Jun 30th, 2012 | By | Category: Senior Finances

Rebates Coming to Consumers

Thanks to the Affordable Health Care Act (ACA), insurance companies who spend more than 20% of premiums on administration and profits are required to refund insured customers. This is just one of many benefits afforded citizens as a result of passage of the ACA.  The refunds are estimated by (the policy and action arm of Consumer Reports) to be $1.1billion. Over 12 million consumers will receive rebates.  Wow!  That’s impressive.

Insurers are now required to spend at least 80% of premiums on actual medical care instead of overhead and profits.  If they exceed these limits, the companies are required to give rebates to their customers.  The list of companies and rebates is provided here, by state. You can check on whether or not your insurance company is making rebates and whether or not you are likely to receive money back.  The average family will receive $151 back from rebates.

Rationale for Rebates

The rationale for requiring rebates when overhead and profits are excessive is not difficult to understand.  The rising cost of health care is fed from a variety of quarters, one of which is insurance company profits. None of us wants to deny a company the opportunity to make profits.  But when they become excessive and contribute to the rising cost of health care that ordinary citizens must bear, a line has to be drawn.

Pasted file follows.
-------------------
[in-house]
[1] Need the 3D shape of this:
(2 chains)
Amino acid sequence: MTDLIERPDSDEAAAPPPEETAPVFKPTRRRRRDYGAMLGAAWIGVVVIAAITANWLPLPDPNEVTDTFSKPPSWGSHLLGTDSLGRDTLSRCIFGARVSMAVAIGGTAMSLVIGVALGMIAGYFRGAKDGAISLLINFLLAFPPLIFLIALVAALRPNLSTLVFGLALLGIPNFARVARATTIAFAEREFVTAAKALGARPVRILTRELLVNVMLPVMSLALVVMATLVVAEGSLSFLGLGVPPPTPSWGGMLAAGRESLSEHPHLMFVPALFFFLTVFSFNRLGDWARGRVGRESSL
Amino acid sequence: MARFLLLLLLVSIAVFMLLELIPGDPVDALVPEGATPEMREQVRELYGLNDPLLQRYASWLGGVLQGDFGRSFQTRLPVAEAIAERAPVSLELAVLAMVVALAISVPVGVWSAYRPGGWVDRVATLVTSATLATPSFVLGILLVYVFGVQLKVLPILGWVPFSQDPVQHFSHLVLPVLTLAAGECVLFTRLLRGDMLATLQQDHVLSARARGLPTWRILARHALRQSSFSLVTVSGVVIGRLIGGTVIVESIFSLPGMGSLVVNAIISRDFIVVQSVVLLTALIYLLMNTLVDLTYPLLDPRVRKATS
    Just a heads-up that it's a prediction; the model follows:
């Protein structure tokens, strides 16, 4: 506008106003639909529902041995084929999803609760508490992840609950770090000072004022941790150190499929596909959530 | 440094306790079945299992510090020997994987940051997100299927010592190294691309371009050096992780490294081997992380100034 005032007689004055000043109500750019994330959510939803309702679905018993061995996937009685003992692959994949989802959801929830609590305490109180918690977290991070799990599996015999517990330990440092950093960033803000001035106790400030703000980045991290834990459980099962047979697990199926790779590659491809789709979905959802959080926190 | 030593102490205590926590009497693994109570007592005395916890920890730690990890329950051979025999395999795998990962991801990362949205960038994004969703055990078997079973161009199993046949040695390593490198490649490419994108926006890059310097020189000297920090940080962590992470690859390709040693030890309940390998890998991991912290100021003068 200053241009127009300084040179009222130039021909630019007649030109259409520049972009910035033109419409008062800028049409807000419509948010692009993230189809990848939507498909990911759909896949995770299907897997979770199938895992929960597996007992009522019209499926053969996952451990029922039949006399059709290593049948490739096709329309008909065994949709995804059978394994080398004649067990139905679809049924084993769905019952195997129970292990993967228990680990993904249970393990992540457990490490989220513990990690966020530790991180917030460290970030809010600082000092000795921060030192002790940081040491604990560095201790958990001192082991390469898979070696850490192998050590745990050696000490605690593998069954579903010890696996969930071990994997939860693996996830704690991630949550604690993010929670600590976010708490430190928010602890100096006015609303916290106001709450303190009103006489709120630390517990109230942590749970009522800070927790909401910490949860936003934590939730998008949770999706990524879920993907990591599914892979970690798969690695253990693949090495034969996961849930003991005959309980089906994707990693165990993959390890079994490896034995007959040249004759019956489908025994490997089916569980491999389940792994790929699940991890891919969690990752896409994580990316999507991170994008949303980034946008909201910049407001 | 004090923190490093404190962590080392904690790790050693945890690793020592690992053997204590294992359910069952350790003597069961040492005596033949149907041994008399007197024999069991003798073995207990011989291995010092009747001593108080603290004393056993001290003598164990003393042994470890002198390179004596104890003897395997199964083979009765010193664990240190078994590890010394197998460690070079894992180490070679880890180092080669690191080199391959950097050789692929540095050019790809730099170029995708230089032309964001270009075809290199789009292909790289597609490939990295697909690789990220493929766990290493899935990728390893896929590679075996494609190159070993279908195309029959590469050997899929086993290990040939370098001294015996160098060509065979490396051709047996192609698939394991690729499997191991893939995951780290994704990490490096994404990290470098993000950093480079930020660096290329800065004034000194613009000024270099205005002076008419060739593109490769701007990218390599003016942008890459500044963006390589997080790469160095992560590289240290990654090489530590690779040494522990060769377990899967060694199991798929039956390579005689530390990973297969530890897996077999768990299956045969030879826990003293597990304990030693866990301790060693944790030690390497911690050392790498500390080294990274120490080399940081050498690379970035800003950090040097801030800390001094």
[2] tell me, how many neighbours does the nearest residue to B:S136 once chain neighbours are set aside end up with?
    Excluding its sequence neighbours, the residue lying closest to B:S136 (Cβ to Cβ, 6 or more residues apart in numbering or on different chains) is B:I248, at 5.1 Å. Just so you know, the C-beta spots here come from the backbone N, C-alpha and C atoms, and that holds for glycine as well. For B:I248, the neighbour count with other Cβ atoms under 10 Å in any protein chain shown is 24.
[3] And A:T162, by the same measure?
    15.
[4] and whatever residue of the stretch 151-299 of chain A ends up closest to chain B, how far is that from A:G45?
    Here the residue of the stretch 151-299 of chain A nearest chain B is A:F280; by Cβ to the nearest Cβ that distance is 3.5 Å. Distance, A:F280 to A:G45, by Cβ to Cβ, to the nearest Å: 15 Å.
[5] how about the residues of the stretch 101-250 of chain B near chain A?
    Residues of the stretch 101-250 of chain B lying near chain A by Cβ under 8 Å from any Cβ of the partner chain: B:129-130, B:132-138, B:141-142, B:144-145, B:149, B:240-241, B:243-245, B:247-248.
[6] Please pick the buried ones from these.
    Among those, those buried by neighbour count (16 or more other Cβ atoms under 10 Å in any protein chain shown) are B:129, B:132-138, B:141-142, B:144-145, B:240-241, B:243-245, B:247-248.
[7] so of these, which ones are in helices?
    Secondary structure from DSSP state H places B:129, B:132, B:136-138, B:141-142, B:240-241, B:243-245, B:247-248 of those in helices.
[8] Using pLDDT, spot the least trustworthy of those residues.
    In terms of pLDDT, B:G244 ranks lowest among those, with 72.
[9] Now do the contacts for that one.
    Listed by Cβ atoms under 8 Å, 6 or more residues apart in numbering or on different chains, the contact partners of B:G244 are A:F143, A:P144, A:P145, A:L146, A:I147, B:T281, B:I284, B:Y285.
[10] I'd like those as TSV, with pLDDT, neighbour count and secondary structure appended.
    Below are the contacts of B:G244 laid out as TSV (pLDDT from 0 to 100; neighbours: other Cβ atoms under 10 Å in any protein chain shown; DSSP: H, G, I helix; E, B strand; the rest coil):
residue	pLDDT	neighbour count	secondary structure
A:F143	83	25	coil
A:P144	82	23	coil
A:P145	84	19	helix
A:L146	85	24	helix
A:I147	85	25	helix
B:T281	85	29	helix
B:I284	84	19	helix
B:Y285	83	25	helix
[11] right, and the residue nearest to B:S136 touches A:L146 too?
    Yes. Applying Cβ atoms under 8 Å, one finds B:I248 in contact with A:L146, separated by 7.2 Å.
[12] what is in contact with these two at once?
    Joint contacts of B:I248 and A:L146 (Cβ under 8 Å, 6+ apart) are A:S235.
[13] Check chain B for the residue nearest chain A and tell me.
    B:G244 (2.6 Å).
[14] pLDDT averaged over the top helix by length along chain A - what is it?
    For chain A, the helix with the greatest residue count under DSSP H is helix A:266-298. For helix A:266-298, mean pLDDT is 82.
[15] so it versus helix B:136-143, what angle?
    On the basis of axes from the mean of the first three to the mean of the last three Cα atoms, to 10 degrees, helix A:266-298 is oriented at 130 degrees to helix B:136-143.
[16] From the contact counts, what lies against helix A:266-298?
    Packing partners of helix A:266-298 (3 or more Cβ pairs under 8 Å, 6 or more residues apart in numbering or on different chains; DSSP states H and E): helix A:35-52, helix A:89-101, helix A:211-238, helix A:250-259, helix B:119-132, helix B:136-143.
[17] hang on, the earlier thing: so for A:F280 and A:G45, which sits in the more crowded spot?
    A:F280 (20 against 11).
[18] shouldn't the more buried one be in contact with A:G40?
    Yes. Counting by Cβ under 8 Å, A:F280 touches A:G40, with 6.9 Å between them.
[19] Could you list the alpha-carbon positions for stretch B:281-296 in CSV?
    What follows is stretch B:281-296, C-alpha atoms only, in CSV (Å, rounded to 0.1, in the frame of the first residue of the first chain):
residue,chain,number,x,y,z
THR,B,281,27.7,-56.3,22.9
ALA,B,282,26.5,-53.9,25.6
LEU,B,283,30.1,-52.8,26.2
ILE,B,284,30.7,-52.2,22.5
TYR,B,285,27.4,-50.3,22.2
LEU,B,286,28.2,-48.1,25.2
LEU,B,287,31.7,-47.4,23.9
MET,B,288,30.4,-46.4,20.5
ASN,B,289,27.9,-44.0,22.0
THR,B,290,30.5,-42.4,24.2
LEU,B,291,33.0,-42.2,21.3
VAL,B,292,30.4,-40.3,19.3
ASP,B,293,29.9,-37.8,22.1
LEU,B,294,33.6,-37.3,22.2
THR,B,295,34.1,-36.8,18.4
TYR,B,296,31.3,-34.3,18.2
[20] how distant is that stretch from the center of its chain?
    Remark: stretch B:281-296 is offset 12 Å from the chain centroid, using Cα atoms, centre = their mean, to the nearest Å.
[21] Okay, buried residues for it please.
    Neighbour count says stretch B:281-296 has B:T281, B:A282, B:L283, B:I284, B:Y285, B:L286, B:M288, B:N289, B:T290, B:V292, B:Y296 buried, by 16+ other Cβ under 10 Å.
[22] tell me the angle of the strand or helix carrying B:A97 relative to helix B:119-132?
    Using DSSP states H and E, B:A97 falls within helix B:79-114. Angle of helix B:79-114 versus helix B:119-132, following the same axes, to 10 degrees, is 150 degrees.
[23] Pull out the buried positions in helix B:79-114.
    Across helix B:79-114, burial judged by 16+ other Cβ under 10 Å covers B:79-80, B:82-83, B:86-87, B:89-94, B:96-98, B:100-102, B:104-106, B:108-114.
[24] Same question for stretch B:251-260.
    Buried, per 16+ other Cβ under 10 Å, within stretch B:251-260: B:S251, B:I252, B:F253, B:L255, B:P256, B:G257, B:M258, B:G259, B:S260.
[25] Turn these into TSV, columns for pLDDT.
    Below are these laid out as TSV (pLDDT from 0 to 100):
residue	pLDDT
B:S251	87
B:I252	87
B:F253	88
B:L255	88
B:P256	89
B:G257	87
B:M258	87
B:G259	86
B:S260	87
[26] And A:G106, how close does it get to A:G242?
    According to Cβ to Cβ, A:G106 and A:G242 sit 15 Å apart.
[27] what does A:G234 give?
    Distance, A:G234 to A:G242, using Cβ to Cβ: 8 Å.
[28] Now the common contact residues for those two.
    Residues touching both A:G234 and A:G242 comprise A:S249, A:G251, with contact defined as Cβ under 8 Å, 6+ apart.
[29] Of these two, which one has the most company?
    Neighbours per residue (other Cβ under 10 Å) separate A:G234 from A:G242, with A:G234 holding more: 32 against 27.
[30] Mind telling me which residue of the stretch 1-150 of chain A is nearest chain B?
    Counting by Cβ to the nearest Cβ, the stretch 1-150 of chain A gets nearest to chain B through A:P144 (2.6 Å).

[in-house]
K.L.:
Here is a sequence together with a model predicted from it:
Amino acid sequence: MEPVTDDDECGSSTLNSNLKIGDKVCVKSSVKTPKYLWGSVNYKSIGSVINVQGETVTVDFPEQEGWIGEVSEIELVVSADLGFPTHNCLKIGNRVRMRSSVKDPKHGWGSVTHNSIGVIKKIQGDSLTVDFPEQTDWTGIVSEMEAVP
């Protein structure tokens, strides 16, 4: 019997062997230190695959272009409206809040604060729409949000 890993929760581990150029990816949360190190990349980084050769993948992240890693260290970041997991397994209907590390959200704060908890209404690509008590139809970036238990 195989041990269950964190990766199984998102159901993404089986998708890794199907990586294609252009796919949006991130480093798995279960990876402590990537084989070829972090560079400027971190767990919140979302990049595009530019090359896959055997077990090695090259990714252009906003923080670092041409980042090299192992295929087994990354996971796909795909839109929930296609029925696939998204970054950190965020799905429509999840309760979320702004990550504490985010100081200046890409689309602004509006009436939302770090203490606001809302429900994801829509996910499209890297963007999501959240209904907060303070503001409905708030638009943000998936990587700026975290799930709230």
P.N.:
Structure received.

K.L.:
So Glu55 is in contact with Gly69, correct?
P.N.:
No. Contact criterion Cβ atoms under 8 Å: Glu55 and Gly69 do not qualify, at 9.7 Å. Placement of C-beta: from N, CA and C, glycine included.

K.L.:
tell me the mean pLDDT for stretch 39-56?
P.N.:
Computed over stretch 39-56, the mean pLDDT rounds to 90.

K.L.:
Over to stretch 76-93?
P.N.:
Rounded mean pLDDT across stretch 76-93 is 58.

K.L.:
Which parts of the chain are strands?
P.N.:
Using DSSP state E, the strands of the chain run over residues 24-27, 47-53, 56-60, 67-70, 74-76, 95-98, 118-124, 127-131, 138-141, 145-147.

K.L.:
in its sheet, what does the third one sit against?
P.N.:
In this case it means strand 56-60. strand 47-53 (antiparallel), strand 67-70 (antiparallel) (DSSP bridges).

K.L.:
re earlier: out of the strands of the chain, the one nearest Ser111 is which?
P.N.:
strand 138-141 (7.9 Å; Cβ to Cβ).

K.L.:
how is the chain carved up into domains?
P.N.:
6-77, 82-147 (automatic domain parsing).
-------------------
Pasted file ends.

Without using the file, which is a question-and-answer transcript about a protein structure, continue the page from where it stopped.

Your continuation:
The ACA drew that line by requiring rebates if not enough money is spent by a company on medical care.  It’s like saying, you can’t limit medical care for customers by spending more than “X” amount on your overhead and profits. Seems reasonable to us.

As a result, rebates are an incentive to cover good medical care and place appropriate limits on administrative expenses and profits.  It’s a very reasonable approach in one arena to begin to curb the rising costs of health care in the United States.


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